The DYNAMIX project aims at identifying and assessing promising policy mixes in support of absolute decoupling of resource use and environmental impacts from EU economic growth. One year into the project, the involved researchers succeeded in 1) laying down the common approach for the project's analyses, 2) discussing the role that paradigms and paradigm shifts play in the context of decoupling, 3) and analysing main reasons for existing (in)efficient resource use.
Based on these findings, our researchers will engage in intensive debate and exchange with policy makers and academia during 4) the 2nd DYNAMIX policy platform and 5) the 2013 World Resources Forum in Davos.
With resource policy being in the process of further development on the European level (e.g. the Manifesto and upcoming conclusions of the European Resource Efficiency Platform) and on the national level in various Member States, we hope to contribute our research findings to the debate and foster ongoing discussions and developments towards greater resource efficiency and absolute decoupling.
We hope that this newsletter will encourage you to follow-up on our project and exchange with our researchers - we are looking very much forward to that!
With kind regards,
the DYNAMIX team
In this newsletter
- "How will we know if absolute decoupling has been achieved?" - DYNAMIX Common Approach published
- The Use of Paradigms in DYNAMIX - Report published
- The underlying reasons for resource (in)efficiencies - Final Report published
- 2nd DYNAMIX Policy Platform, 24-25 October 2013 in Brussels
- DYNAMIX researchers present findings at the 2013 World Resources Forum
- News on progress in Resource Efficiency
The Common Approach lays the foundations for resource policy assessment within DYNAMIX
The objective of the DYNAMIX project is to identify policy mixes to absolute decoupling of economic growth from resource use and its environmental impacts. While the project’s work packages will apply a number of different methods, all use a set of shared key concepts and assumptions. The Common Approach serves to clarify these concepts. In particular, it derives working definitions for the the terms "absolute decoupling", "resource efficiency", "paradigm" and "policy mix" based on a detailed analysis of scientific literature and policy documents as well as intense discussions with stakeholders.
More importantly, the team proposes five key targets for resource efficiency policy as a benchmark against which to assess the effectiveness of policy interventions. The pragmatic target set covers metal, land and freshwater use, nutrients input, and greenhouse gas emissions. The targets are chosen so as to cover the most critical environmental impacts and looming resource scarcities, without overlap between them. They reflect the available evidence on planetary boundaries, are grounded in a global equity perspective, and are neutral with respect to the choice of abatement measures. In short, the Common Approach helps to sharpen the concepts used in the resource efficiency policy arena and contributes to the ongoing debate at EU level about appropriate targets, indicators and ambition levels.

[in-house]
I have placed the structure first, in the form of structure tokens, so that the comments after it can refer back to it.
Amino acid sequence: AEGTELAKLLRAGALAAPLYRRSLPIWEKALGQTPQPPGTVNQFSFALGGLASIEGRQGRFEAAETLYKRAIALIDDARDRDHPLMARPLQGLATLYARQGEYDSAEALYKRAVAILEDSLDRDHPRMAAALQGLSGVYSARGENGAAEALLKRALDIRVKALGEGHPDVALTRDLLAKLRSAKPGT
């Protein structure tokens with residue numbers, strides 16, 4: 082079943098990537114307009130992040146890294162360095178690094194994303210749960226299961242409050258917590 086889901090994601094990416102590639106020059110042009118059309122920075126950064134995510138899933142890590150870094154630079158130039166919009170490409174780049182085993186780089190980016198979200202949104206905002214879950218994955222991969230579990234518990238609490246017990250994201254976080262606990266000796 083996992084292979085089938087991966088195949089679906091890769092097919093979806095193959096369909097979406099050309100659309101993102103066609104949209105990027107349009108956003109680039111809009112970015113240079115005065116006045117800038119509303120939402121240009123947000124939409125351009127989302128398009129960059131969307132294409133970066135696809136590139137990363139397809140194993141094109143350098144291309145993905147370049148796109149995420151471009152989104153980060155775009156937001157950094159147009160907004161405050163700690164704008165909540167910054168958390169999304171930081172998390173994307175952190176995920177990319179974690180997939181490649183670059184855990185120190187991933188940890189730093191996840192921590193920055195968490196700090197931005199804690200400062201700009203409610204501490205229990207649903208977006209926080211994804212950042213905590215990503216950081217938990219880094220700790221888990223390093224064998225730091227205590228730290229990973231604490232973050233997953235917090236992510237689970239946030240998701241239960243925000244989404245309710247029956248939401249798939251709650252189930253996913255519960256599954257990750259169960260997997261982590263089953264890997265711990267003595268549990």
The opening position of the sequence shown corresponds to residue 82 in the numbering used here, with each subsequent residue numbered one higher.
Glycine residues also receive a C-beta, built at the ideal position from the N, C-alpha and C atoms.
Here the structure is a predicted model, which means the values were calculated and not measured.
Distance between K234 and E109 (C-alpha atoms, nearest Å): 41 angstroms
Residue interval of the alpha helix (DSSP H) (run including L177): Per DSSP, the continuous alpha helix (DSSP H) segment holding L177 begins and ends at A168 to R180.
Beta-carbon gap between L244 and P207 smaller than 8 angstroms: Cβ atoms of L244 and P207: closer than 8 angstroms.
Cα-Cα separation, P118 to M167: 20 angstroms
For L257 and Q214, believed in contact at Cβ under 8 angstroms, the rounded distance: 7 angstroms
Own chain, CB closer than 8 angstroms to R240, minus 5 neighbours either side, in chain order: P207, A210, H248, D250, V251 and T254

Download the full report here.
This paper introduces the concept of paradigm and its use in DYNAMIX.
Going beyond commonly used synonyms such as model, attitude or practice, the paradigm is defined here to be the worldview – the set of values, beliefs and ideologies – in which one is immersed. The origin of the concept along with its different manifestations within the social and natural sciences are explored further in Section 2 of the paper, followed by preliminary working definitions of associ ated concepts and examples – such as the New Environmental Paradigm and Sustainability itself – in Section 3. The final section outlines the role and application of paradigm analysis in DYNAMIX, and begins to delve further into commonly-used paradigms and concepts explicitly concerning resource use.
Download the full report here.
Which resources do we use most inefficiently and why? What is driving our inefficient resource use and how much room for improvement is there? Answers to these questions can be found in the latest DYNAMIX report entitled "The underlying reasons for resource (in)efficiencies", now available for download here!
The goal of this work package was to identify and assess some of the key drivers of inefficient resource use in the EU. The study examined a broad range of individual resources (e.g. materials, land, water, energy, and ecosystems), analysing their macro-economic flows and assessing inefficiencies in their use throughout their life cycles.
In the three sectors food, buildings, and transport, key inefficiencies were identified and their causes were mapped. This was done according to their potential for improving resource efficiency, as well as the feasibility of influencing them via policy.
The findings from this work package provide a thorough understanding of the drivers and causes of inefficient resource use and will be vital in the next steps of the DYNAMIX project when designing appropriate and effective policy mixes to achieve absolute decoupling.
For more information, take a look at the Final Report and its Executive Summary, both available here!
The 2nd DYNAMIX Policy Platform will take place on 24-25 October 2013 in Brussels and is entitled “Policy mixes for resource efficience in Europe: Lessons learned and ways forward”. The focus is thus on discussing policy mixes for resource efficiency in Europe. The Policy Platform will